By Doyice Cotten
What is Rhabdomyolysis and why should I know about it? Rhabdomyolysis (sometimes referred to as Exertional Rhabdomyolysis) is a condition in which damaged skeletal muscle tissue breaks down rapidly and enters the bloodstream, bringing on a potentially debilitating or life threatening illness. Byproducts of damaged muscle cells are released into the bloodstream and can lead to kidney damage or even kidney failure. Why should you know about it? Anyone connected with conditioning – whether as a coach, personal trainer, physical educator, or exerciser – needs to be aware of this condition so that the disease and any associated liability can be avoided.
What Causes the Disease?
The condition is generally brought on by extreme, strenuous, unaccustomed, prolonged, and repetitive exercise. The onset of the condition is more likely when the exercise is far beyond that to which the party is accustomed. The football coach or basketball coach, anxious to get his team into “shape,” begins season practice with extremely strenuous conditioning drills that go on and on; the personal trainer pushes his or her client to exhaustion in a fitness test or a conditioning drill; or even the “weekend athlete” or “couch potato” decides to get into shape, and tries to do it in a day – all of these can result in extreme amounts of exercise that are far beyond that to which the exerciser is accustomed. Possible result: Rhabdomyolysis – possible serious illness – possible lawsuit.
The onset of Rhabdomyolysis seems to be more likely when it is accompanied by certain risk factors. Some of the risk factors include lifestyle factors (alcoholism, drug use, statins, nutritional supplements, extreme exercise), occurrences (trauma, crush injuries, seizures), and individual characteristics (genetics –sickle cell trait, heat intolerance, low phosphate levels).
What are the Symptoms of Rhabdomyolysis?
First, the severity of the condition can vary. In other words, one can have a mild case or an extreme case of the disease and the symptoms vary with severity. One with a mild case may not have any muscle symptoms and can be diagnosed only with a blood test. Severe cases usually display joint and muscle pain accompanied by general muscular weakness. There may be swelling and tenderness. Also, there is often extreme fatigue. Other symptoms may include nausea, vomiting, abnormal heart rate, and even coma. Often, the urine is dark and in the case of kidney damage, there may be decreased or no urine flow.
Is the Condition Rare?
No, even though the disease is new to most of us, the condition occurs fairly often. It can occur in healthy young adults who exercise regularly. It can occur in older, out of shape adults who exercise less frequently. Thomas, et.al. relate a number of occurrences in athletic situations. Some of them include: the University of Iowa football team after 100 squats followed by sled drills; high school football players after an endurance test; dancers at a camp during a heat wave; and a number of instances with military recruits.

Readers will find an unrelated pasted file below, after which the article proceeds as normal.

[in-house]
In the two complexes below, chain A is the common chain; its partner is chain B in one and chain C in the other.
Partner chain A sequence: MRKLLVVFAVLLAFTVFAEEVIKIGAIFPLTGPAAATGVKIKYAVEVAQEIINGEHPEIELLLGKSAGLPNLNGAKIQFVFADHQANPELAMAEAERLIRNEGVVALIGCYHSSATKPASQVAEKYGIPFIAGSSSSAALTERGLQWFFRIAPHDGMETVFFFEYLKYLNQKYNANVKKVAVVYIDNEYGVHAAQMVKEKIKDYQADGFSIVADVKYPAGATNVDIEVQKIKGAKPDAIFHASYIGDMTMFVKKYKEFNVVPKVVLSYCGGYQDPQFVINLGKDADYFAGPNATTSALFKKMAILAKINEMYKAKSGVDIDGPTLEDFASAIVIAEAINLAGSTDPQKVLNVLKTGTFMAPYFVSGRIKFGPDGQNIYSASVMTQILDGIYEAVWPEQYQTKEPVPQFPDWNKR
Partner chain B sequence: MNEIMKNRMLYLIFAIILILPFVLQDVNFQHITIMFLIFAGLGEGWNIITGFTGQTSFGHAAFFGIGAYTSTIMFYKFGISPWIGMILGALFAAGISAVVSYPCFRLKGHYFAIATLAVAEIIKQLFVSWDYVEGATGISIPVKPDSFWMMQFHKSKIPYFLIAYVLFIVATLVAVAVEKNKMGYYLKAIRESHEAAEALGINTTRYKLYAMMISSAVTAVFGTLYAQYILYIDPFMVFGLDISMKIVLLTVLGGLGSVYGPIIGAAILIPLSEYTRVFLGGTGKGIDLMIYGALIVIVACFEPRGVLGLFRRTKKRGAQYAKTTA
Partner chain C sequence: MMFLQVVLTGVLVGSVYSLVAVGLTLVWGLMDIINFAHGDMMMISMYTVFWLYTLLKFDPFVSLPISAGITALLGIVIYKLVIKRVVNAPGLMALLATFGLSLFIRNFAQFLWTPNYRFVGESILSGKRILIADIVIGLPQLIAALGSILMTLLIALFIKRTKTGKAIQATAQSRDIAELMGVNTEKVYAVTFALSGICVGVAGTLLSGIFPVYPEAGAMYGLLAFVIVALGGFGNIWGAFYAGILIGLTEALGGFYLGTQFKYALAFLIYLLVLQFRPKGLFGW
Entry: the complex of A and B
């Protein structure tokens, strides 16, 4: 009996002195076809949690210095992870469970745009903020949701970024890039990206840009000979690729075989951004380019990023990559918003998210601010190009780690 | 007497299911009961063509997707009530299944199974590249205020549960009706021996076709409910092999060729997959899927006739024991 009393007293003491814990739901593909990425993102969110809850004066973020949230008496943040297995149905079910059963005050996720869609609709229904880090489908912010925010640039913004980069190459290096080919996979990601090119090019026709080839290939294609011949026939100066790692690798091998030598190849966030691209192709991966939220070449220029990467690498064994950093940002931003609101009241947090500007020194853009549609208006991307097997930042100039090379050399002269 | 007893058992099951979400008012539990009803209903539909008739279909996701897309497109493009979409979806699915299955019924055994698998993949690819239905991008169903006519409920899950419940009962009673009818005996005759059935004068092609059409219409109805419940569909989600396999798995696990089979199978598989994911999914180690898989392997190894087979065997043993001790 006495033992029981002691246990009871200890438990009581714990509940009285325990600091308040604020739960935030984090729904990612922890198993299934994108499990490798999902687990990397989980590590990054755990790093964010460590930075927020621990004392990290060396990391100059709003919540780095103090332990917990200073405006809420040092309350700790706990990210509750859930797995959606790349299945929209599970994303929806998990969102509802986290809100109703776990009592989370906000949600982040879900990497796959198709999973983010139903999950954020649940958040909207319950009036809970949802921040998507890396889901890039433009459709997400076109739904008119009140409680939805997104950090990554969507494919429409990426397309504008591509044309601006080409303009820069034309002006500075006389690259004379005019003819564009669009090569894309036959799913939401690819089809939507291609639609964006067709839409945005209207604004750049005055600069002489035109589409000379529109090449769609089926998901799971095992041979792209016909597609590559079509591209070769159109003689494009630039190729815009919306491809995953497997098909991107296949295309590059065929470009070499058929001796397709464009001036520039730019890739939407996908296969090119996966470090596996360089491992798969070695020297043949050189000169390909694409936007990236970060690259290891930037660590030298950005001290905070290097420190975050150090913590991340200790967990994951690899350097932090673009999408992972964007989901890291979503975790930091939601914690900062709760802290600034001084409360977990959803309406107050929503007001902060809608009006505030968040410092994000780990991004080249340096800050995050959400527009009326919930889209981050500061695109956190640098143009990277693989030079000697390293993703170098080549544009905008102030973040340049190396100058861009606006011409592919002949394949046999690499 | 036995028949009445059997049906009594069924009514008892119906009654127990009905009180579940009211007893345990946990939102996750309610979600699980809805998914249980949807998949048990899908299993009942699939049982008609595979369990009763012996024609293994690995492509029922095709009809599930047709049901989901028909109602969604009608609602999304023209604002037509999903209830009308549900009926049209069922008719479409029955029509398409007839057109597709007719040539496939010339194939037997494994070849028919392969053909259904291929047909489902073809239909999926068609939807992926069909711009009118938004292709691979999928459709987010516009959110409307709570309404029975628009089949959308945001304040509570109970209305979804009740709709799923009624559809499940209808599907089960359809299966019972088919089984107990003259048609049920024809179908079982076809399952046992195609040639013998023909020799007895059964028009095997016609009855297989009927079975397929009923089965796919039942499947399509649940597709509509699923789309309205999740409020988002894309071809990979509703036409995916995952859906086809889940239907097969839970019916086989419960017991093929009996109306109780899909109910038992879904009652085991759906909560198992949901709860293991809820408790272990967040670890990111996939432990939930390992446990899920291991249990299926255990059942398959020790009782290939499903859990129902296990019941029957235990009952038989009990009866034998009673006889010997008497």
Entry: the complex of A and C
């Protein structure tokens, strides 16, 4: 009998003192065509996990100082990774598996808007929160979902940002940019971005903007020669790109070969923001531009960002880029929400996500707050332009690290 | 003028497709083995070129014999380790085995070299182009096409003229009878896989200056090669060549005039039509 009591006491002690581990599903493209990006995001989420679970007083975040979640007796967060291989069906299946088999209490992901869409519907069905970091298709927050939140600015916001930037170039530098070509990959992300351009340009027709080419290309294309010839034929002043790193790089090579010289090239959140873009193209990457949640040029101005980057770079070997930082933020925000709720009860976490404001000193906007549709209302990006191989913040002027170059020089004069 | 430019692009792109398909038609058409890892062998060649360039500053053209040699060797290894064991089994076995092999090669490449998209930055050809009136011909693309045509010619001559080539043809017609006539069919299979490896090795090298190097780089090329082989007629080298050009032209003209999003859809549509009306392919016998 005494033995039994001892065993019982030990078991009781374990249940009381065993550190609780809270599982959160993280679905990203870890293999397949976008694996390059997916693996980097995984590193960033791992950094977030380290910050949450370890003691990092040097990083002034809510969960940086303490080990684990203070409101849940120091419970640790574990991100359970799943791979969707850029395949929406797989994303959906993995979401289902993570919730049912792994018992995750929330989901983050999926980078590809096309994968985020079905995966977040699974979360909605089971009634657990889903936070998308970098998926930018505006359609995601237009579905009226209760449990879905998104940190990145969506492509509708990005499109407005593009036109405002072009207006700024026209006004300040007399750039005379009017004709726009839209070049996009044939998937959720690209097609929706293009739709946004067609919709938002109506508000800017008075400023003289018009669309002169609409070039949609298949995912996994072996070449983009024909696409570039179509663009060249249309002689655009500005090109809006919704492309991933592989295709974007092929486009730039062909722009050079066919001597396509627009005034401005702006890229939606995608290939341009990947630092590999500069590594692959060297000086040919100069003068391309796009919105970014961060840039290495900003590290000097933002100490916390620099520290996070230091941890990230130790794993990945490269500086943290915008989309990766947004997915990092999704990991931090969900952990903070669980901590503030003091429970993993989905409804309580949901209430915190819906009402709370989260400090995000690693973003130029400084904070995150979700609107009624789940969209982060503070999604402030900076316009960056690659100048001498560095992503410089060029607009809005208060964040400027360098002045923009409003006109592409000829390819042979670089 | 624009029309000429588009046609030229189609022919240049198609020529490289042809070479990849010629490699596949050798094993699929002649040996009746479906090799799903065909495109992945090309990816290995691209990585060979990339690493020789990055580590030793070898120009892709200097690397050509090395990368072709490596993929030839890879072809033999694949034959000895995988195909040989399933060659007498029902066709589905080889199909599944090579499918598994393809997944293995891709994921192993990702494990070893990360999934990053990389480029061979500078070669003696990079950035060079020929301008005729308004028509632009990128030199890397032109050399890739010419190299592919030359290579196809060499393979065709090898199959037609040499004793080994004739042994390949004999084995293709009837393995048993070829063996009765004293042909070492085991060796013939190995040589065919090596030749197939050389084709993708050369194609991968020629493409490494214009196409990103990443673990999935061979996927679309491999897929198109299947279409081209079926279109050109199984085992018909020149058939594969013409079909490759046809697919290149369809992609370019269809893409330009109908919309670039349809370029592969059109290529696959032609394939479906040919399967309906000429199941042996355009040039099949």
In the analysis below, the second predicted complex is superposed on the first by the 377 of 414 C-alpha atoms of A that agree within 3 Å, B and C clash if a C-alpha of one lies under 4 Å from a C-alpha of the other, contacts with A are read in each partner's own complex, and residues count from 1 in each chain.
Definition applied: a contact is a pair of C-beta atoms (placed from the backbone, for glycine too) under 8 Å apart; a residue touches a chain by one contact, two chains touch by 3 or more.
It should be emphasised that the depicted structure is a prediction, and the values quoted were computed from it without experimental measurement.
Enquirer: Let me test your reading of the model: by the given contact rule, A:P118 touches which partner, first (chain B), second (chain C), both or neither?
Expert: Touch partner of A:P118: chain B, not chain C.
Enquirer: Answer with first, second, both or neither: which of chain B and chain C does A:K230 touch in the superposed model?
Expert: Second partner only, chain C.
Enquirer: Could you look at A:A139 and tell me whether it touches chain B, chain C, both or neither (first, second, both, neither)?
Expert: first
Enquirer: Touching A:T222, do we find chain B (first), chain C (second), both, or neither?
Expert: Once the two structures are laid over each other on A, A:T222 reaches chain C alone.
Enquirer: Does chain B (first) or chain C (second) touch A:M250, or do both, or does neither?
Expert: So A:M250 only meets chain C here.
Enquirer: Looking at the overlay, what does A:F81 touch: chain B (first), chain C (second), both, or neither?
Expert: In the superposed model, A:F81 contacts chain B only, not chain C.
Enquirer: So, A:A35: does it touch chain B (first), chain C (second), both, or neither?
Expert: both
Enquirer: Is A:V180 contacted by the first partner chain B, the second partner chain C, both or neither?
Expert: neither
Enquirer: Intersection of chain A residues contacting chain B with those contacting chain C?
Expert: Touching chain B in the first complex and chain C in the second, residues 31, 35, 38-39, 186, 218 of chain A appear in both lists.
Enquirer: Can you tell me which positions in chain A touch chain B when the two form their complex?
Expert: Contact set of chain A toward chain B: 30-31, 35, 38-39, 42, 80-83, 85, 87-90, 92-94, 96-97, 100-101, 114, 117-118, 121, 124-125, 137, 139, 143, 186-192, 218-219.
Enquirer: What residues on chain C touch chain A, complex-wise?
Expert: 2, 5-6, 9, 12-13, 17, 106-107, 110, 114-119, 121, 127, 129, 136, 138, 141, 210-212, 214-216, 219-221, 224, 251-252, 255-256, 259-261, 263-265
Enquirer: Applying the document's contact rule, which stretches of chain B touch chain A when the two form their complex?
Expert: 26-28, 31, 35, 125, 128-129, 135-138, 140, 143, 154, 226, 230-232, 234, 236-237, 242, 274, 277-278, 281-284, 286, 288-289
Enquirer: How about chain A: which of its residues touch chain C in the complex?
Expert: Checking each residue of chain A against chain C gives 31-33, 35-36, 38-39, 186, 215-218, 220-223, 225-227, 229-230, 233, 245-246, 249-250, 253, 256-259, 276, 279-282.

Stan Reents reports several cases of Exertional Rhabdomyolysis at Athleteinme.com . He reports cases involving a college freshman after a 5-hour frisbee tournament; a 40-year old black male after doing several sets of negative curls; and an inmate after a hazing ritual. Reents’ article is very informative and is a “must read.”
Who Needs to be Aware?
Anyone who is involved with athletes or others in conditioning and training should be aware. This would include coaches, personal trainers, physical education teachers, and more. Also, administrators in charge of exercise facilities or who supervise those that are conditioning athletes and others. Administrators should be aware of the dangers involved and the associated liability. Finally, athletes and persons who are working to maintain or improve their level of fitness should be aware of the condition. Some recommend that a participant should be taught to keep a close eye on the color of his or her urine.
What is the Outlook for Victims?
Much depends upon early recognition and treatment. In many cases there is full recovery and no long-term problems. However, in more serious cases, kidney damage can be severe and permanent. Wikipedia reports a mortality rate of 20% when there is acute kidney impairment in patients with traumatic injury. So, this is a very serious condition and needs to be recognized as such by those in sport, fitness, and recreation.
Risk Management Guidelines:
- Start slowly on any training/conditioning program and don’t try to progress too quickly.
- Learn to recognize symptoms of severe stress and know when it is time to have the exerciser cease.
- Don’t push exercisers too hard and caution them about limits when exercising on their own.
- Listen to the complaints of exercisers – undue pain, swelling, tenderness, and general muscular weakness are not normal. Something is wrong.
- Remember that extreme heat adds to the stress and makes the onset of the disease more likely.
- Require the consumption of plenty of fluids.
- Recognize the fitness level of the exerciser and use gradual progression of load.
- Remember that the lower the fitness level, the more likely the onset.
- If you suspect the condition, see that the exerciser gets immediate medical attention.
- And ADMINISTRATORS – Be certain that your coaches, trainers, teachers, and others know about Rhabdomyolysis and supervise to be certain these guidelines are being followed.
Thomas, D.Q., et.al., Exertional Rhabdomyolysis: What Is It and Why Should We Care? JOPERD, Jan. 2012, p. 46.
Reents, S., Exertional Rhabdomyolysis, http://www.athleteinme.com/ArticleView.aspx?id=241